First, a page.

In general, a winning brand story is loosely divided into:
- Your origin story: This section should talk about how you identified a problem, attempted to solve it and discovered a unique market where you can offer the skills you used in solving these problems
- Your growth story: This part talks about how you set up your brand what it stands for and why your audience should join you.
Looking closely at the information gathering stage, it is clear that there is already an order that is easy to follow.
No one likes to read textbooks for one reason – it is very impersonal.
Your brand story is not supposed to be some fact-fest. It should sound natural and human. Nothing kills interest in a story better than a glaring lack of personality. Your audience needs to be convinced that they are dealing with someone who is just like them in every way. Do not write like a robot.
Ensure that your personality is very visible in your story writing so that your audience can emotionally bond with your brand. Some tips to infuse personality into your story are:
- Own your mistakes: When talking about your mistakes ensure that you tell them light-heartedly. It’s no shame to laugh at yourself sometimes.
- Use simple languages and some popular catch phrases simply because that’s what real human beings do.
3. Language and tone:
Infusing your brand story with your personality will require that you employ a certain tone to your writing. The tone of your story will determine how the audience perceives your brand. There are two tones that you can adopt as the voice of your brand.
- The serious tone: This should not be mistaken for a stoic and unapproachable tone that only serve to scare away your audience. A serious tone should be adopted to show-off your brand as deeply committed and disciplined when it comes to solving problems. It gives off an aura of confidence that is easily contagious.
- The jovial tone: This tone is very conversational and suits brands that are mostly about dealing with people. It is very effective because it builds up a very friendly impression that is sure to relax and engage your audience. It doesn’t, however, mean you should sound unserious as that can irritate your audience and portray your brand as a joke.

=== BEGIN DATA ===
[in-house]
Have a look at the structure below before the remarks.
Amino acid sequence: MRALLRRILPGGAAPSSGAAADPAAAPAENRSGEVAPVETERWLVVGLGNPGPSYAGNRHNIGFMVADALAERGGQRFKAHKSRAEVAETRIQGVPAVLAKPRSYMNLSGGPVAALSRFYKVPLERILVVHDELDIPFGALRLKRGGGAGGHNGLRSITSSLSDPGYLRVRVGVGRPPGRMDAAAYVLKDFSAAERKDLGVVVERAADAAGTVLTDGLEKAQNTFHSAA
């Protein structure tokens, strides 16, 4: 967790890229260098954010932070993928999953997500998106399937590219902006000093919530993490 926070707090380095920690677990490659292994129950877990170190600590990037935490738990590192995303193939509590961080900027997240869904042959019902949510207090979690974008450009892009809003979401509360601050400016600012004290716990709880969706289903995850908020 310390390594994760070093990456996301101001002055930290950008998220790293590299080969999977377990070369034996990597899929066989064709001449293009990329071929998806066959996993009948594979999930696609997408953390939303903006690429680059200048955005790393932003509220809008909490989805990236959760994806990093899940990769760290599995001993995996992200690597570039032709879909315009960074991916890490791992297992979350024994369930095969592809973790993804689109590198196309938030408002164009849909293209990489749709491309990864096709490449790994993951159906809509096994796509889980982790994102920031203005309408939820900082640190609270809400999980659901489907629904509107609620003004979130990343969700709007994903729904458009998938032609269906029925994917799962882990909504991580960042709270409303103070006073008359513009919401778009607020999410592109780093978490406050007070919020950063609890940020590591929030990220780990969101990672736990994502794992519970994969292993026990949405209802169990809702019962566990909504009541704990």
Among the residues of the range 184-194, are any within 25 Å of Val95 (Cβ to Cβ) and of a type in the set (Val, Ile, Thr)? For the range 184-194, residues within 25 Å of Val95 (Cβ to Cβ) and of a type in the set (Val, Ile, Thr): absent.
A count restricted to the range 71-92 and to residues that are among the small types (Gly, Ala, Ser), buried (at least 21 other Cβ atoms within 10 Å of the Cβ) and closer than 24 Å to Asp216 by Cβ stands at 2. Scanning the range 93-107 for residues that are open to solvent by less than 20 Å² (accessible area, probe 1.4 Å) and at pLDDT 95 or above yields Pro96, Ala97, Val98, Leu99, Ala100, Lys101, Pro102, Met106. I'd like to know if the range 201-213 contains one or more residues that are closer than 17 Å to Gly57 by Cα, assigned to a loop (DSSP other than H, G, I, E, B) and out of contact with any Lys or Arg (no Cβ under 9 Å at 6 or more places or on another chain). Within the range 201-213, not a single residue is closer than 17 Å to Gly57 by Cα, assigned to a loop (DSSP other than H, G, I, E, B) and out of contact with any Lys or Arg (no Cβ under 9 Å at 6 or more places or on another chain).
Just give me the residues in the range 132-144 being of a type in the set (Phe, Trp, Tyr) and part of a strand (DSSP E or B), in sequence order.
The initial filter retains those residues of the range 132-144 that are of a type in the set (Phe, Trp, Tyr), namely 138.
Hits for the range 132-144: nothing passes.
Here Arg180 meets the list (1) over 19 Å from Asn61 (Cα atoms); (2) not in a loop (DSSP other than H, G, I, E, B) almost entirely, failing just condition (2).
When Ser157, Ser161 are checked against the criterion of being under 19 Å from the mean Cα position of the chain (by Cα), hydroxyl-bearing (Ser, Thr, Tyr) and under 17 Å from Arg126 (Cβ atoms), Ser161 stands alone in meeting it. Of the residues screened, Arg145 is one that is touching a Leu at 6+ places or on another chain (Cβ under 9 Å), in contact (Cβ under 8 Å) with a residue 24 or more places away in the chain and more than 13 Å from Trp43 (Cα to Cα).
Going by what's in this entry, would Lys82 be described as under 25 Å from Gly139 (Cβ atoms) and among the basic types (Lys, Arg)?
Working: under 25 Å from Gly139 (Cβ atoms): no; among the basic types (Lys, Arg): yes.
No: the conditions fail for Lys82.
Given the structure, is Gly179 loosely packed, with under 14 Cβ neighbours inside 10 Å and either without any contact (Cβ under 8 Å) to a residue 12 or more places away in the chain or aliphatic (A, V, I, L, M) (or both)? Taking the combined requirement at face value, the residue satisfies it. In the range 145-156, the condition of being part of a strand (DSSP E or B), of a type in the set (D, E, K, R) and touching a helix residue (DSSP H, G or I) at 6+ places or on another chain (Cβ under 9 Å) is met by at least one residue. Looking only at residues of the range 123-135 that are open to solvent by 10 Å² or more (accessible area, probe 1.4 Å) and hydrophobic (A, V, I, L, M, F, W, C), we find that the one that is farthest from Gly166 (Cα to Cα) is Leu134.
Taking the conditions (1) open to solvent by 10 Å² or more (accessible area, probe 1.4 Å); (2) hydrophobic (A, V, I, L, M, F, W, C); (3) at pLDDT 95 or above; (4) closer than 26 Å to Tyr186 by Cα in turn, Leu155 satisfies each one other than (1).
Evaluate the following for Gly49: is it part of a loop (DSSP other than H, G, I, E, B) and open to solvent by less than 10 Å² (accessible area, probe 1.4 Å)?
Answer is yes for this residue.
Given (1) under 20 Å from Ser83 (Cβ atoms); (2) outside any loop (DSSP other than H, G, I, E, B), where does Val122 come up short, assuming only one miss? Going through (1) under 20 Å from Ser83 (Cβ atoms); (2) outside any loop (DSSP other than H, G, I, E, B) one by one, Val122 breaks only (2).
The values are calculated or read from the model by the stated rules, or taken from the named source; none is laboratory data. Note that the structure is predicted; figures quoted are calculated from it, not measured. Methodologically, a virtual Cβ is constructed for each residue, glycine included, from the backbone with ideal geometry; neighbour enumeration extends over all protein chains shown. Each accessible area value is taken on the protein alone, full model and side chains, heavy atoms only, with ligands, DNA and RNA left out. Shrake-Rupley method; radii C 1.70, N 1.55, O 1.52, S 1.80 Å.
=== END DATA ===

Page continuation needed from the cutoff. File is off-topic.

While there is no ideal length for the perfect brand story you should not include so much information that will serve to bore your audience. In most cases, a brand story will be well under 1000 words but if you feel like you have so much more relevant information to share, then do the following to prevent your audience from bouncing off like tennis balls.
- Use catchy subheadings to separate one section of the story from another
- Use the quote feature to draw attention to important content in your brand story
- Dedicate each section of your story to different tabs of your page if your website supports the feature.
5. Don’t tell blatant lies:
Every story is bound to contain embellishments. It is encouraged even but there is a limit to how much embellishments you can include in your brand story. Your audience will spot a ridiculous lie as easily as they can spot red stain on a white wall. You should not go overboard while trying to impress.
6. Look over brand stories of your competitors:
This is a very beneficial activity because it gives you some sense of direction when you start to craft your own. Outline the top brands in your niche and read their stories. There’s a huge chance that they are successful because they have very captivating brand stories. Be careful, however, not to completely get lost in their own story that you cannot come up with something of your own that is original and captivating as well.
When you are done with this stage, then it is time to write, cut, edit and then write again. Ensure that every paragraph is absolutely necessary. Remove the fluff and keep your story as direct and straight to the point as possible.
Revisions are also necessary especially in the event of an expansion, a major success for your business or inclusion of a new section. Always, look over your brand story from time to time to make sure they still represent your vision accurately.
In conclusion, powerful brand stories are beneficial to your blog and business in the long run, however, be prepared to live up to the hype that your story creates. Never get so sucked into your story to include claims that you cannot back up. Your story is meant to create loyalty and trust in your customer, not lure them in and rip them off. A cleverly developed brand story is sure to boost your audience/customer attraction and retention. If you don’t have a brand story yet, I’m pretty sure you have everything you need to create one right away!